It’s time for another “Dear Magnolia” installment. I picked a comment by a reader by the name of “Michelle” for this post.
Michelle has been having trouble with vertigo and dizziness in perimenopause, along with balance issues, brain fog, and feeling spaced out. She said she also suffers with migraines and wacky periods.
Typical perimenopause experience if you ask me!
Here are Michelle’s question(s). Find my answer below.
I was wondering if the vertigo and dizziness (and all other symptoms) being constant; all day everyday with breaks here and there is normal or can be considered perimenopause?
I just made 47 last week and have had this dizziness/vertigo, balance issue with extreme brain fog, spaced out (like ADD on steroids) since mid March on a almost constant basis, meaning everyday, all day with a few breaks here and there.
I’ve also had anxiety, migraine auras without the headache. This all began in March with a lighter period that went a little lighter from the usual heavy clotting I have. It’s been slightly lighter since March.
I began symptoms 4 years ago at 43 years of age with the onset of hemorrhage like clots that evened out to heavy clotting. Over the last few years on and off I get numbness and tingling.
I can only assume this is hormones fluctuating and now I guess its not evening out. I just want to know if constant day in, day out symptoms is normal?
First, let me address your last question……”are constant day in and day out symptoms normal?” And the answer is yes. It is very normal.
Unfortunately, the dizziness and vertigo symptoms that many women suffer with during perimenopause is not something that most physicians are acquainted with.
A number of years ago I did a little research on the topic and found that some physicians will at least nod to the fact that for some women dizziness and vertigo are symptoms of perimenopause. What they don’t spend a lot of time discussing is what actually causes it.
But here’s a fact: Dizziness and vertigo is very common in perimenopause.
When I had my last serious episode with it I landed in the ER convinced I was having a stroke. After CAT scans and MRIs to rule that out, I was referred to an ENT.
He did a basic battery of tests and essentially shrugged his shoulders. What else is new, right?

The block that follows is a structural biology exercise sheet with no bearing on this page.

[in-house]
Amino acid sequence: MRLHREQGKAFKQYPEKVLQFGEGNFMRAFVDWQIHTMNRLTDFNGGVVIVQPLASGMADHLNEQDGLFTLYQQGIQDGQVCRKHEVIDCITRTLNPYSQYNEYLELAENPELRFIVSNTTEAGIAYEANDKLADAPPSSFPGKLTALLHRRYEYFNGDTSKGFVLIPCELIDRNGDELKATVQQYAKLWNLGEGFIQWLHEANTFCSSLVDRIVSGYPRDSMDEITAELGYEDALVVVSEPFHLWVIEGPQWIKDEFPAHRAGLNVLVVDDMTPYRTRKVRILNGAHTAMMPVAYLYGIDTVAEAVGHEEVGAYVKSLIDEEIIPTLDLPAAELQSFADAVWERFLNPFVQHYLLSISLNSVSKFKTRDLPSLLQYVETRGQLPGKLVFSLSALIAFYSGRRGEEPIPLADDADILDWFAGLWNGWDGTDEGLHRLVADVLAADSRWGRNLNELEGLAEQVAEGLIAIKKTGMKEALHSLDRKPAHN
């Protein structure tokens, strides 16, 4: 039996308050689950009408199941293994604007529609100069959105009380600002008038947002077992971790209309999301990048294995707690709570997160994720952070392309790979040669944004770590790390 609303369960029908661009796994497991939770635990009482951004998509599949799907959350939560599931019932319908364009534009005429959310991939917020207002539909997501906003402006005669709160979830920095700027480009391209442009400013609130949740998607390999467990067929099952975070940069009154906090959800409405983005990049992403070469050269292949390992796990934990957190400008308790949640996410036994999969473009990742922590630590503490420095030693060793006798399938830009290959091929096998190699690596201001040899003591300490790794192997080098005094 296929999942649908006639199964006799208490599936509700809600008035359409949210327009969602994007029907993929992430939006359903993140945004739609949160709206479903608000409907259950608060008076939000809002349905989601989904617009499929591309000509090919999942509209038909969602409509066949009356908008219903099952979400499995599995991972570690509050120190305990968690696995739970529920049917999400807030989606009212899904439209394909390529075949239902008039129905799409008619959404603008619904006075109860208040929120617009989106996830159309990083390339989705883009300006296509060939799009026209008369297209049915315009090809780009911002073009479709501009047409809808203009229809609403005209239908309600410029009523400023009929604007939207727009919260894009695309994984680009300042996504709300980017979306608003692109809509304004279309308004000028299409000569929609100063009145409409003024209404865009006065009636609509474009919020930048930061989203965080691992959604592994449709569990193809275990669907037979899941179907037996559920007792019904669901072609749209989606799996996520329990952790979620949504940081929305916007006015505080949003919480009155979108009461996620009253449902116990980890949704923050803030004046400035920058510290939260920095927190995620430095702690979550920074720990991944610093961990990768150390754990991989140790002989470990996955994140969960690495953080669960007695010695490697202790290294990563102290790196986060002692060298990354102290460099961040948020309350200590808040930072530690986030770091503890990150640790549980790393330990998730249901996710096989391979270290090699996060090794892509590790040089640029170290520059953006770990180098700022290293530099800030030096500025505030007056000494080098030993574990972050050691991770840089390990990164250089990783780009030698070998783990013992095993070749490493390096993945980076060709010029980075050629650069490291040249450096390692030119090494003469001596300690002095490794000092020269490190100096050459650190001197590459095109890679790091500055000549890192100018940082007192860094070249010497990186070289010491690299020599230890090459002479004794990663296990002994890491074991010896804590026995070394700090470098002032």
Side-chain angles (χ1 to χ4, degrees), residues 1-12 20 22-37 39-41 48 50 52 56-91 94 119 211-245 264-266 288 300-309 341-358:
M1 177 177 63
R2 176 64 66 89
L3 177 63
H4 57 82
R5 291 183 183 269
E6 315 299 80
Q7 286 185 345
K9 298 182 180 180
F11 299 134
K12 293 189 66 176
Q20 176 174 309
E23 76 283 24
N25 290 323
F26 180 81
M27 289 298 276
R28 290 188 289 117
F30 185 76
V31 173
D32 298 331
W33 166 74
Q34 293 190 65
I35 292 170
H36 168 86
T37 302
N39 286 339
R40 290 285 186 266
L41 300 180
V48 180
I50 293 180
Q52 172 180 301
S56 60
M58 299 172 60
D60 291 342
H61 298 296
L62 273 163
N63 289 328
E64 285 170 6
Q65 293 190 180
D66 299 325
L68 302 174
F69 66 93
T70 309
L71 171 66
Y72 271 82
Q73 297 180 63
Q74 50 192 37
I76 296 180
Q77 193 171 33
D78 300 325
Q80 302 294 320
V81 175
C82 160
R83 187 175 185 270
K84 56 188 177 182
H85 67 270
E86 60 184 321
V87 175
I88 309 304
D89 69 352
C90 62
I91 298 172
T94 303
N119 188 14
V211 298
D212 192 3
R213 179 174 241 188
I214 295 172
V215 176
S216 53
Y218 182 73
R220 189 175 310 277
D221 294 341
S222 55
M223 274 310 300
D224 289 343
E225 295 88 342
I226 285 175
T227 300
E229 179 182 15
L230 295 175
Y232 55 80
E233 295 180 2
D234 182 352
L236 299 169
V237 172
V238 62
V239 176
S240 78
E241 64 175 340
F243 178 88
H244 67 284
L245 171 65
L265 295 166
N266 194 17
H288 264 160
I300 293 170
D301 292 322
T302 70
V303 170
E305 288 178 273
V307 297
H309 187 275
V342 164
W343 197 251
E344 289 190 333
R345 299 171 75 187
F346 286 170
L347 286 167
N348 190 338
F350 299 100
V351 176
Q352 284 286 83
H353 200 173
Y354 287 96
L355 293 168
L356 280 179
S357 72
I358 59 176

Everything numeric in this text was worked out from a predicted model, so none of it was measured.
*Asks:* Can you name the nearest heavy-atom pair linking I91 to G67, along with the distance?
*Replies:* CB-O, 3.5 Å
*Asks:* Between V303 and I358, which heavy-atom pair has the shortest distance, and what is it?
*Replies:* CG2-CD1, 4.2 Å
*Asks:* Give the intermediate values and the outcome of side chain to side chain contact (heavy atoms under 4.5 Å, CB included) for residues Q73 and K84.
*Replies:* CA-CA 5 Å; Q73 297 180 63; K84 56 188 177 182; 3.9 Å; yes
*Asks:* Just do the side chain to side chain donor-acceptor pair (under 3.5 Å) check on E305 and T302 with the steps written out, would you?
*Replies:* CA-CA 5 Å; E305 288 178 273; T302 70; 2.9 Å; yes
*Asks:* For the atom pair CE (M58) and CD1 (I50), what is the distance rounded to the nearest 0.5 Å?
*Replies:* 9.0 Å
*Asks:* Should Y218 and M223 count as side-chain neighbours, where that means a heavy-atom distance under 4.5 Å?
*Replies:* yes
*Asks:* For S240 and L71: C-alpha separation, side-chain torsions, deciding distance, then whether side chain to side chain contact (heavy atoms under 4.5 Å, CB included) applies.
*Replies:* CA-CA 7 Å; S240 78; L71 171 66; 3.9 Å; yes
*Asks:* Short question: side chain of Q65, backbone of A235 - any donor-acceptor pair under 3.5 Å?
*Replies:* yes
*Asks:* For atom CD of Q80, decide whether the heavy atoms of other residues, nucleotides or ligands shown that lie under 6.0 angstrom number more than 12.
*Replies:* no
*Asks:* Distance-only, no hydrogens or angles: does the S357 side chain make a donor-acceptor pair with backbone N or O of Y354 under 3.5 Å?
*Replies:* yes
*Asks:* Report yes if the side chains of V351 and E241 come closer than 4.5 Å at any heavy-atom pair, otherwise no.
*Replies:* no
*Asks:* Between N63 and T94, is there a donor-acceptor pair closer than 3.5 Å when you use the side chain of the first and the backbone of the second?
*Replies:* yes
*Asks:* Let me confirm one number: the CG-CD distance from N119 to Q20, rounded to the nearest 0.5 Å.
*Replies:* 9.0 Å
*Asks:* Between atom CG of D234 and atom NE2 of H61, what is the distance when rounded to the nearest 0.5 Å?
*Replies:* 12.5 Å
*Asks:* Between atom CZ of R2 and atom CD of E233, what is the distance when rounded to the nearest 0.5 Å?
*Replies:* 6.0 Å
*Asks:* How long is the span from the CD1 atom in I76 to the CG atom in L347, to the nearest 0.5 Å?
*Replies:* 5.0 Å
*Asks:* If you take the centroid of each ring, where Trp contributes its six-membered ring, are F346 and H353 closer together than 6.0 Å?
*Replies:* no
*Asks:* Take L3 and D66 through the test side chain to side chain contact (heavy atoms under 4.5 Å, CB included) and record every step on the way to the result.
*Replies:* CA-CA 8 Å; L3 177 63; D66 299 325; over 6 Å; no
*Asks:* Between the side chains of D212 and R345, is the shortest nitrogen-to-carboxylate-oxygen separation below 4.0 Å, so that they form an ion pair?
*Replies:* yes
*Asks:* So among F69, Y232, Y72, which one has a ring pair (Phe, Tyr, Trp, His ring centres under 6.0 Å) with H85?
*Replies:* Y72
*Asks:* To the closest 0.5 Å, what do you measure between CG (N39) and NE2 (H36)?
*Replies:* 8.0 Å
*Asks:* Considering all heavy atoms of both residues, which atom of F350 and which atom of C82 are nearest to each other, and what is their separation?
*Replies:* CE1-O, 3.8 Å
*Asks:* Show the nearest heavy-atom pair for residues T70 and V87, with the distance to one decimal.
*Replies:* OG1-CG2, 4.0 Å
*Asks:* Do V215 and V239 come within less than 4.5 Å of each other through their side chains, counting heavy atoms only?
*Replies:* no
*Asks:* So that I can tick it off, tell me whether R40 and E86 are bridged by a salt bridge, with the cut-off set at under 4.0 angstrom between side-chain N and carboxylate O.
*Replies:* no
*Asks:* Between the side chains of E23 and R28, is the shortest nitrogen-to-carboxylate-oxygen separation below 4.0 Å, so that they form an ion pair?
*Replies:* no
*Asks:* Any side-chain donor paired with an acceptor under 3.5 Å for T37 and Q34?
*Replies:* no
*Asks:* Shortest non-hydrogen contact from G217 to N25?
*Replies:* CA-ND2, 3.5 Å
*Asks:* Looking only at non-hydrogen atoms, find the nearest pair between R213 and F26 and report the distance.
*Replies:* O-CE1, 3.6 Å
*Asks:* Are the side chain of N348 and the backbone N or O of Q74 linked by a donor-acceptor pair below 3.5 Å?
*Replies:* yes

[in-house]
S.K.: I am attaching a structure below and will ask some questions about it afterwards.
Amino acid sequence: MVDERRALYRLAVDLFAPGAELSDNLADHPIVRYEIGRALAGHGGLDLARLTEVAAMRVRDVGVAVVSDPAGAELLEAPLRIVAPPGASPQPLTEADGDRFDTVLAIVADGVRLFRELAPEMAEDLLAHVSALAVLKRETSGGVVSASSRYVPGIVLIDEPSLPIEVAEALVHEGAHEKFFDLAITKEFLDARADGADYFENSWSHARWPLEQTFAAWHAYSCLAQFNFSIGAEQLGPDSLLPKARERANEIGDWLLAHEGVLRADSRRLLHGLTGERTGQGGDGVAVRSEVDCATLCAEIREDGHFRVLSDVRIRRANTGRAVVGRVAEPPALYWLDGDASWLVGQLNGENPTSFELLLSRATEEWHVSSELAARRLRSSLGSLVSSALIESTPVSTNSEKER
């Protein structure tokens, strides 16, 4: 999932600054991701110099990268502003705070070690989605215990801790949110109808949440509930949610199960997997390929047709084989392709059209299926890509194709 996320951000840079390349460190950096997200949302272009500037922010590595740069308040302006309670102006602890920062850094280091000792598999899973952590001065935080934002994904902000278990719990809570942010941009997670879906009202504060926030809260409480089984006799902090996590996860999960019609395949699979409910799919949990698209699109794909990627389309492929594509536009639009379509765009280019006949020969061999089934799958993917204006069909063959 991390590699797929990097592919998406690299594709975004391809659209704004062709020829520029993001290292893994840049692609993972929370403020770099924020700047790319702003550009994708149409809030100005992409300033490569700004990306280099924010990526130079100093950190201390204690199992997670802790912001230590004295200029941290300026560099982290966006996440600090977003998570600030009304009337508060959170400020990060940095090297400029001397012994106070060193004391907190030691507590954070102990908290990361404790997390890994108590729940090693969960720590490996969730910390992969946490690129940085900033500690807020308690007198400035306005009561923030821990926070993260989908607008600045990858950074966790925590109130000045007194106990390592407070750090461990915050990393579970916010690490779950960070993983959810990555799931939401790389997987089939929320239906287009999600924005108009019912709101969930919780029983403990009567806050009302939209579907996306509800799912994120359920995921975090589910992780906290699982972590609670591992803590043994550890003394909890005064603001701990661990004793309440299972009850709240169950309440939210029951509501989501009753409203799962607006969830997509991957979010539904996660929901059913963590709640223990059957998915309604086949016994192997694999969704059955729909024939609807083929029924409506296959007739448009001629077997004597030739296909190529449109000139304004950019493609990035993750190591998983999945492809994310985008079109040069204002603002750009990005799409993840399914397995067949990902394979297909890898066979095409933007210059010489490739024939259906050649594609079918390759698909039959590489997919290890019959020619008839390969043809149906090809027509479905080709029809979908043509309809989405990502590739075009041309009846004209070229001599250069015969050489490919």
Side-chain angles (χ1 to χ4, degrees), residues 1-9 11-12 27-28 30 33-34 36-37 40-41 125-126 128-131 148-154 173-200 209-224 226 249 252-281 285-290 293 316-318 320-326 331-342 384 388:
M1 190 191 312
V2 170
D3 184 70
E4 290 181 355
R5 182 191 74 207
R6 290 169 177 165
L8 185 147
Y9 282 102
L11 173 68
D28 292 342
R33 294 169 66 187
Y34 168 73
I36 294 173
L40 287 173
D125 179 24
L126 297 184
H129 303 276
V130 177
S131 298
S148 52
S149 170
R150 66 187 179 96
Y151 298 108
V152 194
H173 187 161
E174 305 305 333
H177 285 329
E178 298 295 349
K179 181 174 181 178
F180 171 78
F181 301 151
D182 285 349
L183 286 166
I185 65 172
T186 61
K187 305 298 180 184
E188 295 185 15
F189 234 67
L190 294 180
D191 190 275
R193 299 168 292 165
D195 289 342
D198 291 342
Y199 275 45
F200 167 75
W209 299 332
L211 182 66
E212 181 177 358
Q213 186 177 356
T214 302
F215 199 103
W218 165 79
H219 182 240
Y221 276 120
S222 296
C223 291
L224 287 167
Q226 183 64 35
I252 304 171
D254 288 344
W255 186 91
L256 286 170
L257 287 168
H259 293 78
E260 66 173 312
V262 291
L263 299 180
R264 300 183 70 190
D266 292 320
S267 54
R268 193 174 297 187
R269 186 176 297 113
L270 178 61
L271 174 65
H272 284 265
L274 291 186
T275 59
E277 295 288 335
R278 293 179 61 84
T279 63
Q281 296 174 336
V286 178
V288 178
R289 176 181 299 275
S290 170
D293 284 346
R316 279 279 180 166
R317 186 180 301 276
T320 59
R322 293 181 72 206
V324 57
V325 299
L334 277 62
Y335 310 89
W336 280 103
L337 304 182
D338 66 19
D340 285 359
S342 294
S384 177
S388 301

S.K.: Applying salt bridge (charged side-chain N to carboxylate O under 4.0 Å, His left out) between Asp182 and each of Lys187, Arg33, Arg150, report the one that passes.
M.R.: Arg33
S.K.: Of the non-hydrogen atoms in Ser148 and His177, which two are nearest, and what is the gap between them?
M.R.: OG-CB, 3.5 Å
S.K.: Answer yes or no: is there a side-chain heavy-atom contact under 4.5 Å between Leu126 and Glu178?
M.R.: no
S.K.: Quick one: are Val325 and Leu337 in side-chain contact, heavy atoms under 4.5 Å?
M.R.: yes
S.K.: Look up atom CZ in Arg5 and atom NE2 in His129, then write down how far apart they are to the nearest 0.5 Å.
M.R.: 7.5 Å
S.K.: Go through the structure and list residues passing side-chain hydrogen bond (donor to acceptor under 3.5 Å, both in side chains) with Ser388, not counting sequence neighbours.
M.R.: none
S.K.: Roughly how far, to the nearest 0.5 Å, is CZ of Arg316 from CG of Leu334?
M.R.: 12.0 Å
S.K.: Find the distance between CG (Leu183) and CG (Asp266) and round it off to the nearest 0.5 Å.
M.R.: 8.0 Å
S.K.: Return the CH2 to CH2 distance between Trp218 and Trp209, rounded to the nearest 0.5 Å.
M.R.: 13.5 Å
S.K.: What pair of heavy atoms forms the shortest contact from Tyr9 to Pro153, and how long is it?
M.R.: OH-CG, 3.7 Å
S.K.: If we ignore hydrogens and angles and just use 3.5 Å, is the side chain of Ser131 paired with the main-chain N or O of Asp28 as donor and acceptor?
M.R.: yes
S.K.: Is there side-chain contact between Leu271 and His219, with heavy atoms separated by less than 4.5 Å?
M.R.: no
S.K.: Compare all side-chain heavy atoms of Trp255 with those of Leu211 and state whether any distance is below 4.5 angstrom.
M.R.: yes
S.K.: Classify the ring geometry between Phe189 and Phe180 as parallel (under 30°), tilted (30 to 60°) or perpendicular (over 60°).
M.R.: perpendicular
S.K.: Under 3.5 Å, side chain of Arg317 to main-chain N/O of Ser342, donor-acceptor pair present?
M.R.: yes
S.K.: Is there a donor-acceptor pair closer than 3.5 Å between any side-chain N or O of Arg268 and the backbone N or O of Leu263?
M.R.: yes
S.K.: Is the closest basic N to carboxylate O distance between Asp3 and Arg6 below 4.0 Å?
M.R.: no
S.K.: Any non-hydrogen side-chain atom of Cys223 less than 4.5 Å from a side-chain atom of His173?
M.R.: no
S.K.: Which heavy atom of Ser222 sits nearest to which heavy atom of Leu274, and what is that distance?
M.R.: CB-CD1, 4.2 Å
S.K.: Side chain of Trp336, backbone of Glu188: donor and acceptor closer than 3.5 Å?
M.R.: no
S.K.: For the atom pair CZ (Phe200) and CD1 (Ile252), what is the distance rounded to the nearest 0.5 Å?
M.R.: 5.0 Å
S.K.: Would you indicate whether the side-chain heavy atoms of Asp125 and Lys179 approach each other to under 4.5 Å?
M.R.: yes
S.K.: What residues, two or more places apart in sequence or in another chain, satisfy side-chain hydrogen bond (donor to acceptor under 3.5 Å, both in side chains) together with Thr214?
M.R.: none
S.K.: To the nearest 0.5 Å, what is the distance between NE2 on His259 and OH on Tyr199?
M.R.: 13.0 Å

He prescribed Meclizine for me to take as needed. It really did help. When I felt an episode coming on, I took some and it helped me get through it. He gave me a phamphlet which outlined a series of exercises. To be honest, I never did them. I do’t do well deciphering pictures. So, I did a little armchair research and found some exercises on Youtube.
Check out this video for an excellent visual presentation of exercises you can do.
Once I became fully menopausal I no longer had issues with vertigo or dizziness. So my advice to you would be to hang on (literally!), because it does pass once you get through the more raucous symptoms of perimenopause and closer to actual menopause.
Loss of balance is also a symptom that women in perimenopause experience. Of course, it could easily be associated with vertigo and dizziness.
Brain fog is associated with fluctuating estrogen levels. Primarily low estrogen. It is also associated with thyroid dysfunction (generally low thyroid function) as well.
In fact, dizziness and vertigo has also been attributed to thyroid dysfunction. It should also be said that many, many women have issues with their thyroid when they start going through perimenopause, which could be why so many also suffer with dizziness and vertigo.
Just a thought.
Anxiety during perimenopause can be associated with a number of things. It can be associated with low progesterone (and/or high estrogen) levels.
Anxiety can also associated with adrenal fatigue and yes, once again, thyroid dysfunction. High cortisol levels (common in adrenal fatigue) can be the culprit for anxiety, feelings of doom & dread, and heart palpitations during perimenopause.
For some excellent information on adrenal fatigue and how it affects women in perimenopause, please do check out Dr. Christiane Northrup’s book, The Wisdom of Menopause. It is a very large book which covers many topics during perimenopause, but she does an excellent job in breaking down the physiology and biology of perimenopause, adrenal fatigue and many other issues women struggle with during perimenopause.
I hope this helps Michelle, and answers your questions. Thanks for commenting!